The loss of productivity is one of the first issues that needs to be addressed
Are you an HR professional having to manage long-time personnel? Factors such as increasing lack of motivation and productivity loss are the first ones that emerge when dealing with resources that have the longest tenure in your company. According to a Gallup research, ‘only 5% of employees with 10 or more years with a company say they are engaged at work in roles that are fit for them’. How can you keep them engaged and what are the strategies that you can put in place on order to have a happy and collaborative staff?
Remind them of the value they bring to the company
Long-tenured workforce is undeniably a valuable asset for all types of companies – in many cases, even irreplaceable. They were present during many important moments, historical company milestones, and have their own perspective on how a specific industry has evolved. And besides being incredibly valuable for the company, they are also part of its reputation. Their value is a source of expertise, reliability, mentoring possibilities, deep knowledge, and qualitative engagement. Keep in mind that ‘high turnover suggests worker dissatisfaction, which reflects poorly on the company. Conversely, long-term employees tend to signify employee satisfaction’. As a manager or an HR professional, show your appreciation and remind them of how valuable they are by involving them in permanent learning activities, mentoring programs, and team projects.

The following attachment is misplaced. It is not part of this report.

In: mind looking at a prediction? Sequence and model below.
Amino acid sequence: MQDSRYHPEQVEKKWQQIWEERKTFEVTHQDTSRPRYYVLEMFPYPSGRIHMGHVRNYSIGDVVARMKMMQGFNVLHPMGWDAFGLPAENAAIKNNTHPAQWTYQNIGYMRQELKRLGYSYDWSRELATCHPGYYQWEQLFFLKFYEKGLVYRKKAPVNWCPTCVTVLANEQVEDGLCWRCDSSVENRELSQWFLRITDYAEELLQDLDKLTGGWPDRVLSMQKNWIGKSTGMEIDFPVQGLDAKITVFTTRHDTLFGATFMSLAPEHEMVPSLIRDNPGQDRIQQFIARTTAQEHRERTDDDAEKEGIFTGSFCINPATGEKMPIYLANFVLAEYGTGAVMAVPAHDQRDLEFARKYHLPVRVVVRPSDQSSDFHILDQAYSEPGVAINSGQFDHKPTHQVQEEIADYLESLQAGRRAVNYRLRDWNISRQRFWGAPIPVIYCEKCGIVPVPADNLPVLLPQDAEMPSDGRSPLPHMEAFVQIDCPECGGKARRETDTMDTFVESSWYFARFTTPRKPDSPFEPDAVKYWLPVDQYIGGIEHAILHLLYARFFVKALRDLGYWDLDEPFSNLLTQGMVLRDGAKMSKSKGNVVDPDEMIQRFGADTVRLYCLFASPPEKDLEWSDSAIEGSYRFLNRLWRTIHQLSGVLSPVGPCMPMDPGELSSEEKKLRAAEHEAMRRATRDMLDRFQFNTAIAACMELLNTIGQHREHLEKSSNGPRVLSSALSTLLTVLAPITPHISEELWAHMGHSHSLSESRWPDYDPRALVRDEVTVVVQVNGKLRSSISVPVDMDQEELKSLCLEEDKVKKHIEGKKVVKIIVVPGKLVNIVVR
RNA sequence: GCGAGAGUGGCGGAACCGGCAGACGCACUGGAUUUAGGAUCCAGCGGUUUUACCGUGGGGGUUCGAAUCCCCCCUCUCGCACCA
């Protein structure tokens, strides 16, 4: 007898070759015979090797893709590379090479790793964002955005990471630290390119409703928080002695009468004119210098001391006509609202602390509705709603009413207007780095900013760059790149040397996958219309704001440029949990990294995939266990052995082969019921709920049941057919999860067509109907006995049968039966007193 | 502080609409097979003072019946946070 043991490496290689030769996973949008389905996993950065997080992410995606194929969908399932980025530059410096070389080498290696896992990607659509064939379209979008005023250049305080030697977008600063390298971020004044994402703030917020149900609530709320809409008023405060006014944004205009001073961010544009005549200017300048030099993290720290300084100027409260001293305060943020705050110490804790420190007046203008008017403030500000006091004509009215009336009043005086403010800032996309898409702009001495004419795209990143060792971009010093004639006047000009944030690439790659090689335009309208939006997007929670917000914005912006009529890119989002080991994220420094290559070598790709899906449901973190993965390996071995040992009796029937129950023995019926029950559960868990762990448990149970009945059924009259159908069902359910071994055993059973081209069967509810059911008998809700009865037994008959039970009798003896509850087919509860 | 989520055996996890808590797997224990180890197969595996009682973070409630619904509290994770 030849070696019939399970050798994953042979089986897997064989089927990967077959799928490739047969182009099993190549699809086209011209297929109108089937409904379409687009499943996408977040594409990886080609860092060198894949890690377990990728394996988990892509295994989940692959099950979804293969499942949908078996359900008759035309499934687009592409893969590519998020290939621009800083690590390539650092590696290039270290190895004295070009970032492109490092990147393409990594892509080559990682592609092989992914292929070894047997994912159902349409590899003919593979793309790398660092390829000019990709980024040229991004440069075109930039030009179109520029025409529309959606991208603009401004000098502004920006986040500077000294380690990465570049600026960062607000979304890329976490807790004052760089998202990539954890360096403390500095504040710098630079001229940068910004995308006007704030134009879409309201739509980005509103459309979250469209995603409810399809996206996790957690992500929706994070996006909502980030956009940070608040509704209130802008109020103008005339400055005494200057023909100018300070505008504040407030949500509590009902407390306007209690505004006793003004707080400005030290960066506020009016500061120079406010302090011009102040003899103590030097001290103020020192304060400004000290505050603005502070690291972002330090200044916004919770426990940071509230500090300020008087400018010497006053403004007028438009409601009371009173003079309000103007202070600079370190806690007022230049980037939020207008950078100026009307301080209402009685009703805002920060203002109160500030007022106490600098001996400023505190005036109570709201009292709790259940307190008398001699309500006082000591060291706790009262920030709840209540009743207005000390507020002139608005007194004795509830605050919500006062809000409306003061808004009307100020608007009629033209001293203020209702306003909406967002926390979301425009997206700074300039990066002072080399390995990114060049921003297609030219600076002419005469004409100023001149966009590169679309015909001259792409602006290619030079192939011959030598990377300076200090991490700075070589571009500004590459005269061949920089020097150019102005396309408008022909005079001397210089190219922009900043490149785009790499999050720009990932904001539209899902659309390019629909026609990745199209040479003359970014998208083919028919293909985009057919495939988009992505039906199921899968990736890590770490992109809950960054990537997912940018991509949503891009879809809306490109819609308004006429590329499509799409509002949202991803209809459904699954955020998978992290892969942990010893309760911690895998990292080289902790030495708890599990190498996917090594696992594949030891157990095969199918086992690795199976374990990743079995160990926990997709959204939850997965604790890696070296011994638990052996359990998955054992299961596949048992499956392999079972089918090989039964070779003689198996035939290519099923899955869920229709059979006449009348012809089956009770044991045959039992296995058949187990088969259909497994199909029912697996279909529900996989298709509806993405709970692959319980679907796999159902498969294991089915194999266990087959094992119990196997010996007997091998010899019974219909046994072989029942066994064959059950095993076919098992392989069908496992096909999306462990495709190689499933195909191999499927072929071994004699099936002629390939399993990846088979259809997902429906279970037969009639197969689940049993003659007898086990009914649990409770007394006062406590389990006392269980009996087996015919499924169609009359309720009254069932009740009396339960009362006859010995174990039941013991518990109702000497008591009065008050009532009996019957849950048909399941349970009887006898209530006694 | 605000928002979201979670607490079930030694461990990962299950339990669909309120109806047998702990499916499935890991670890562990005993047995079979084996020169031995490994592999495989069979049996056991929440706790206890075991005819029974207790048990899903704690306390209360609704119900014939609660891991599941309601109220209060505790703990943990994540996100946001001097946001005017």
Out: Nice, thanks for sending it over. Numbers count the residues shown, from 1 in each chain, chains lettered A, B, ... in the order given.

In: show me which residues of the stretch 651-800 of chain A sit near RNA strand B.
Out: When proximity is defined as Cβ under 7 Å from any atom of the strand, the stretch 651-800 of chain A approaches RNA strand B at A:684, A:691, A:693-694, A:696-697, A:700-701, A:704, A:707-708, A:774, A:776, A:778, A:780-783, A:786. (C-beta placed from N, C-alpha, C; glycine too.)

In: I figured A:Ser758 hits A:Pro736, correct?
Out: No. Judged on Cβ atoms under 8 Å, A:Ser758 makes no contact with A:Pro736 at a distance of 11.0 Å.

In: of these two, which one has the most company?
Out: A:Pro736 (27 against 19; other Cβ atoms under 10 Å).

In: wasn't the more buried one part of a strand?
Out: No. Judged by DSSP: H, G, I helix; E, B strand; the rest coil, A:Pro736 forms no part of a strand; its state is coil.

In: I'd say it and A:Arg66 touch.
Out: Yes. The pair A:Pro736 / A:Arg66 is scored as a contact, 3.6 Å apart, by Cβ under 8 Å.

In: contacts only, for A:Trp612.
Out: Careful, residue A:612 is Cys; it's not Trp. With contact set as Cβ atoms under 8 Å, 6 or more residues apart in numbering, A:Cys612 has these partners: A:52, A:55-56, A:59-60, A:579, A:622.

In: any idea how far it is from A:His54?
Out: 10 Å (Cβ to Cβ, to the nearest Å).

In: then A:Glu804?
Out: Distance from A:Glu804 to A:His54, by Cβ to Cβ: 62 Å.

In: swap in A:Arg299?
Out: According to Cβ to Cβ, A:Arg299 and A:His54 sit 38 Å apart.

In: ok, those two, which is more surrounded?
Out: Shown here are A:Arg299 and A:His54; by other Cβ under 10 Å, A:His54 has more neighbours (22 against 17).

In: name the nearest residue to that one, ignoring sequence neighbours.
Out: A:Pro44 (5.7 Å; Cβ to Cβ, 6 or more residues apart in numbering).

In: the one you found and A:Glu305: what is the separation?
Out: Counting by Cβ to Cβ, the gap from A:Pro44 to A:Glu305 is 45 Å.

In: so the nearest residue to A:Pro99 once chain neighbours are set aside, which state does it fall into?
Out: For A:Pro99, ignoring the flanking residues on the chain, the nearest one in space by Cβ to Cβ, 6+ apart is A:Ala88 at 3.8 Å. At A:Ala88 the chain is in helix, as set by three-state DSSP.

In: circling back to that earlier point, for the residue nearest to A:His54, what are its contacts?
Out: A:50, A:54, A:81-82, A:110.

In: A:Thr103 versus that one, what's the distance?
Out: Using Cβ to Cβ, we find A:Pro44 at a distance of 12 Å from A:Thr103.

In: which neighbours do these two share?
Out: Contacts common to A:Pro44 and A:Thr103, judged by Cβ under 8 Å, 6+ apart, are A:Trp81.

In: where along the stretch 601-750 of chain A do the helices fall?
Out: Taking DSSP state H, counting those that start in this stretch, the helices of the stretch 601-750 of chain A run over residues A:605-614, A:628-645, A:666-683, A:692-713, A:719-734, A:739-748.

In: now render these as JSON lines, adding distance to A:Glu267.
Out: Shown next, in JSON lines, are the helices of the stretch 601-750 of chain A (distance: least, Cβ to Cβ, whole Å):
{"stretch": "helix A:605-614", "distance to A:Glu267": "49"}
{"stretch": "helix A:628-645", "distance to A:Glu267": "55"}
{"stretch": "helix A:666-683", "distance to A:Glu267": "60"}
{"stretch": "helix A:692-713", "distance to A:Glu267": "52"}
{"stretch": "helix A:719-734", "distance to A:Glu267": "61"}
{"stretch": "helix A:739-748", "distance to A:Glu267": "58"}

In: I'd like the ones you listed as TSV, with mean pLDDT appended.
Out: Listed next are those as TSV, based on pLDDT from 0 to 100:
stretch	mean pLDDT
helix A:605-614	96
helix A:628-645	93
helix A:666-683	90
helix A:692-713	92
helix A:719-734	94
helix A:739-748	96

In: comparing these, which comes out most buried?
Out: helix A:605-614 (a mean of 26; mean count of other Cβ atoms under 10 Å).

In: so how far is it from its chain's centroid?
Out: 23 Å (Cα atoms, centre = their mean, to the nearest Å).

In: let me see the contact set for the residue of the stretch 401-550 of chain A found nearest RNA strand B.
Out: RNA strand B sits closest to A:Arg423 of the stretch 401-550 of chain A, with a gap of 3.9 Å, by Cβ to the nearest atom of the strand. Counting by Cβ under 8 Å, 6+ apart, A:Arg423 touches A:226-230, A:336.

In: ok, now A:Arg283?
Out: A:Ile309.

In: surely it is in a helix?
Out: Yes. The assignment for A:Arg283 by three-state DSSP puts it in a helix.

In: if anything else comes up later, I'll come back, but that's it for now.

Involve them in challenging projects where they can show their expertise and solid knowledge
The problem with long-tenured workers is directly linked to their long-term client relationships. When creating a new match between a client and a fresh resource that takes the place of a long-term worker, things might get complex for everyone. The client, of course, was used to a certain interaction and working style practiced by a long-time employee. So, in order to have a smooth transfer of the overall activities, as a supervisor you should create a good handover delivery. And transferring the knowledge is not that easy. Organize specific sessions where you involve your long-term client and an employee together with the new entry. This will add to a more harmonic and structured teamwork, without losing the clients’ trust or engagement.
Consider the evolution of experienced workers
Don’t hope that this category of employees will just take care of themselves or that the degree of their professional evolution will not have an impact on your company. People within their professional context are changing at a constant speed, both the colleagues and the clients. So, if you do not carefully monitor these transformation processes, your best long-term employees might just find themselves left behind. Once a month have a quick chat and try to grasp the new elements they can introduce in their work. Understand how the person is evolving and what you can do to improve his or her engagement. Never forget that employees’ indifference and lack of pro-activity are the major work enemies for any HR manager.
Finally, listen to the following practical Harvard Business Review podcast on how you can manage experienced and senior workers in your company!
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